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IBM Scientists Win Feynman Prize for their Experimental Work Using Atomic Force Microscopy

Published on January 16, 2013 at 4:29 AM

IBM Researchers Gerhart Meyer, Leo Gross and Jascha Repp (now at Regensburg University) have won the prestigious Feynman prize given by the Foresight Group, an organization that seeks to advance the study of nanotechnology. The award was bestowed upon the group of researchers for their ground breaking work in producing detailed molecular images and deconstructing chemical bonds on individual atoms.

IBM Researchers Gerhart Meyer, Leo Gross (pictured) and Jascha Repp (now at Regensburg University) won the prestigious Feynman prize given by the Foresight Group.

IBM Researchers Gerhart Meyer, Leo Gross (pictured) and Jascha Repp (now at Regensburg University) won the prestigious Feynman prize given by the Foresight Group. The team of research scientists was the first to produce images detailed enough to identify the structure of individual molecules, as well as metal-molecule complexes. They have also been able to accurately deconstruct individual chemical bonds which provide key insights into designing future molecular systems and nano scale devices. (Monica Davey/Feature Photo Service for IBM)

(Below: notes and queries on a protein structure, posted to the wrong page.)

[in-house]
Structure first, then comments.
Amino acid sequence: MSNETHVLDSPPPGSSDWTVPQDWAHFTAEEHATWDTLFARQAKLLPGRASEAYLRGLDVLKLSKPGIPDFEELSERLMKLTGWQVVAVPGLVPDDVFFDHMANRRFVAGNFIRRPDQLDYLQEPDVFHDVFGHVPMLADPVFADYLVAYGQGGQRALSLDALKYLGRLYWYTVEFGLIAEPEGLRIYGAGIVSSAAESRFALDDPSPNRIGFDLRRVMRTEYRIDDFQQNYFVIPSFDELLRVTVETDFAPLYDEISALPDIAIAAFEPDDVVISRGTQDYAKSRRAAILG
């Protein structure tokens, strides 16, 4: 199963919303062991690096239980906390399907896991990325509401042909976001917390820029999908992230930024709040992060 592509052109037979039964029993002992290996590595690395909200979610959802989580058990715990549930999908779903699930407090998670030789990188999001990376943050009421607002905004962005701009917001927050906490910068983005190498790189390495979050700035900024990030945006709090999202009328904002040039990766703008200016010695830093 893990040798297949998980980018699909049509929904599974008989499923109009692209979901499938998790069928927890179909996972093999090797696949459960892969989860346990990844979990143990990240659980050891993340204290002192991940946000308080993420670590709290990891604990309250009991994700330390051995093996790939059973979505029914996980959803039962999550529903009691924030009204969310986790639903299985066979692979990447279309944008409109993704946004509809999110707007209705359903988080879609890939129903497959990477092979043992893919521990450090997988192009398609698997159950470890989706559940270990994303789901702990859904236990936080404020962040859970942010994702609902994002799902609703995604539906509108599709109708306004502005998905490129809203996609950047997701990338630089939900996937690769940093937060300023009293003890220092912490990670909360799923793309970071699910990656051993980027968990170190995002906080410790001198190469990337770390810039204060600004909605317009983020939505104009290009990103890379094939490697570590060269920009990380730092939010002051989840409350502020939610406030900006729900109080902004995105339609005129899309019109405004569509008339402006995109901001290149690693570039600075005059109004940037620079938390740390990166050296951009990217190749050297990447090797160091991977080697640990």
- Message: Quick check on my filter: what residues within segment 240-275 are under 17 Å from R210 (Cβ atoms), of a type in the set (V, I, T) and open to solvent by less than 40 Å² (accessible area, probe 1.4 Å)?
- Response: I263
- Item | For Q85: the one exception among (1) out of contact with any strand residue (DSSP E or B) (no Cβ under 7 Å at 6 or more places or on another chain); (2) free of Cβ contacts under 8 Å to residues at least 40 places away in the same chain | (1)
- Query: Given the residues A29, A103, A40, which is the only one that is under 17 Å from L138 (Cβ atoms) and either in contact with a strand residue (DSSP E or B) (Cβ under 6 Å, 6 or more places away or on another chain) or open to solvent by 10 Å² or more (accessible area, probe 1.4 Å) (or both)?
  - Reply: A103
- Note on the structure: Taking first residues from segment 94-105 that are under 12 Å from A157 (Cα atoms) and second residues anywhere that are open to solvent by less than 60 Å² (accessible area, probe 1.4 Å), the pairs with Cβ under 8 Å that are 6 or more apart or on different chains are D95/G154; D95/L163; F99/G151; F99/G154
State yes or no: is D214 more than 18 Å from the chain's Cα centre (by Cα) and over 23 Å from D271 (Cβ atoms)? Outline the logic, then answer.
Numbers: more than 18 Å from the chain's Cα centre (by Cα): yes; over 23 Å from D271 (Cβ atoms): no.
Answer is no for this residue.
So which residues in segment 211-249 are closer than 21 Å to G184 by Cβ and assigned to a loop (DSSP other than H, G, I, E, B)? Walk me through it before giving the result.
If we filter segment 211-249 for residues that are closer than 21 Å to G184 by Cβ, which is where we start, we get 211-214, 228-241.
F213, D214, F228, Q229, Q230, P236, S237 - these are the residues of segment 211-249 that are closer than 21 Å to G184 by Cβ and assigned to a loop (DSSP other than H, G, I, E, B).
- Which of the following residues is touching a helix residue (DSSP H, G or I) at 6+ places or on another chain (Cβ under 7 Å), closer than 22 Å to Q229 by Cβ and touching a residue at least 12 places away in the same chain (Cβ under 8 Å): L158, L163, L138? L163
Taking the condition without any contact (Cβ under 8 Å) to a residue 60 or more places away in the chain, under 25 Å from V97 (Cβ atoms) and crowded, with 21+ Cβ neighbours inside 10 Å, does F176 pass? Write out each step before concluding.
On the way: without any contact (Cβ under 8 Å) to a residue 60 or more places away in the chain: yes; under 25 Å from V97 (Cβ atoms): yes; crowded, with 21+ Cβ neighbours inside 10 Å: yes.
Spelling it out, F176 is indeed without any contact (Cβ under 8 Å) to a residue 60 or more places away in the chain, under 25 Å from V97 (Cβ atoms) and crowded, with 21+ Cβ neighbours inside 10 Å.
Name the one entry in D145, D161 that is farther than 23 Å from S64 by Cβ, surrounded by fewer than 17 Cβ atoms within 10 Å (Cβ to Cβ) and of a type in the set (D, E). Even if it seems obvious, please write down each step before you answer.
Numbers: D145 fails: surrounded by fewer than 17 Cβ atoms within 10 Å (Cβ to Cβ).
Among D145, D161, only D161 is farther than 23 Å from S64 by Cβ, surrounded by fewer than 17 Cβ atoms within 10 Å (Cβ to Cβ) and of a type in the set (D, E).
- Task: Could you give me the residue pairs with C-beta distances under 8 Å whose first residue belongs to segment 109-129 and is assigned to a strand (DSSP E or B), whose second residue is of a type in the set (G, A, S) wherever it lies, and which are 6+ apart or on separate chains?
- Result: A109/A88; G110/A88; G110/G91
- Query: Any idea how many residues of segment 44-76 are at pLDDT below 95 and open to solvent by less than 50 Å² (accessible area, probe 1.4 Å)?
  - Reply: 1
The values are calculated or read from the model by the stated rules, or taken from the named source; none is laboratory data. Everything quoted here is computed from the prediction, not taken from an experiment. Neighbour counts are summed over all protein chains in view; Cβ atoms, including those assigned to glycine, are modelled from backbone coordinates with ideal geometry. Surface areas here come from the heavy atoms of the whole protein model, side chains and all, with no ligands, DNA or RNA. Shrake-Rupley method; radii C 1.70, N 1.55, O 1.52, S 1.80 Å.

IBM researchers used an atomic force microscope in a high pressure, low-temperature environment to capture images of a carbon monoxide molecule smaller than a grain of sand, which allowed them to see the atomic structure for the first time. The images the researchers captured via the experiment were reminiscent of similar pictures only represented as graphics in past chemistry textbooks.

“We are honored to be recognized for our efforts at the IBM Research lab in Zurich,” said Leo Gross, IBM Researcher and Physicist. “Our work in identifying the anatomy of a molecule has brought us closer to realizing Richard Feynman’s vision of producing atomically precise products.”

The Feynman award was presented to the team at the 2013 Foresight Technical Conference in Palo Alto, California where they were recognized for their continued experimental work using atomic microscope tools.

To learn more about the discovery visit www.ibm.com.

Source: http://www-03.ibm.com/

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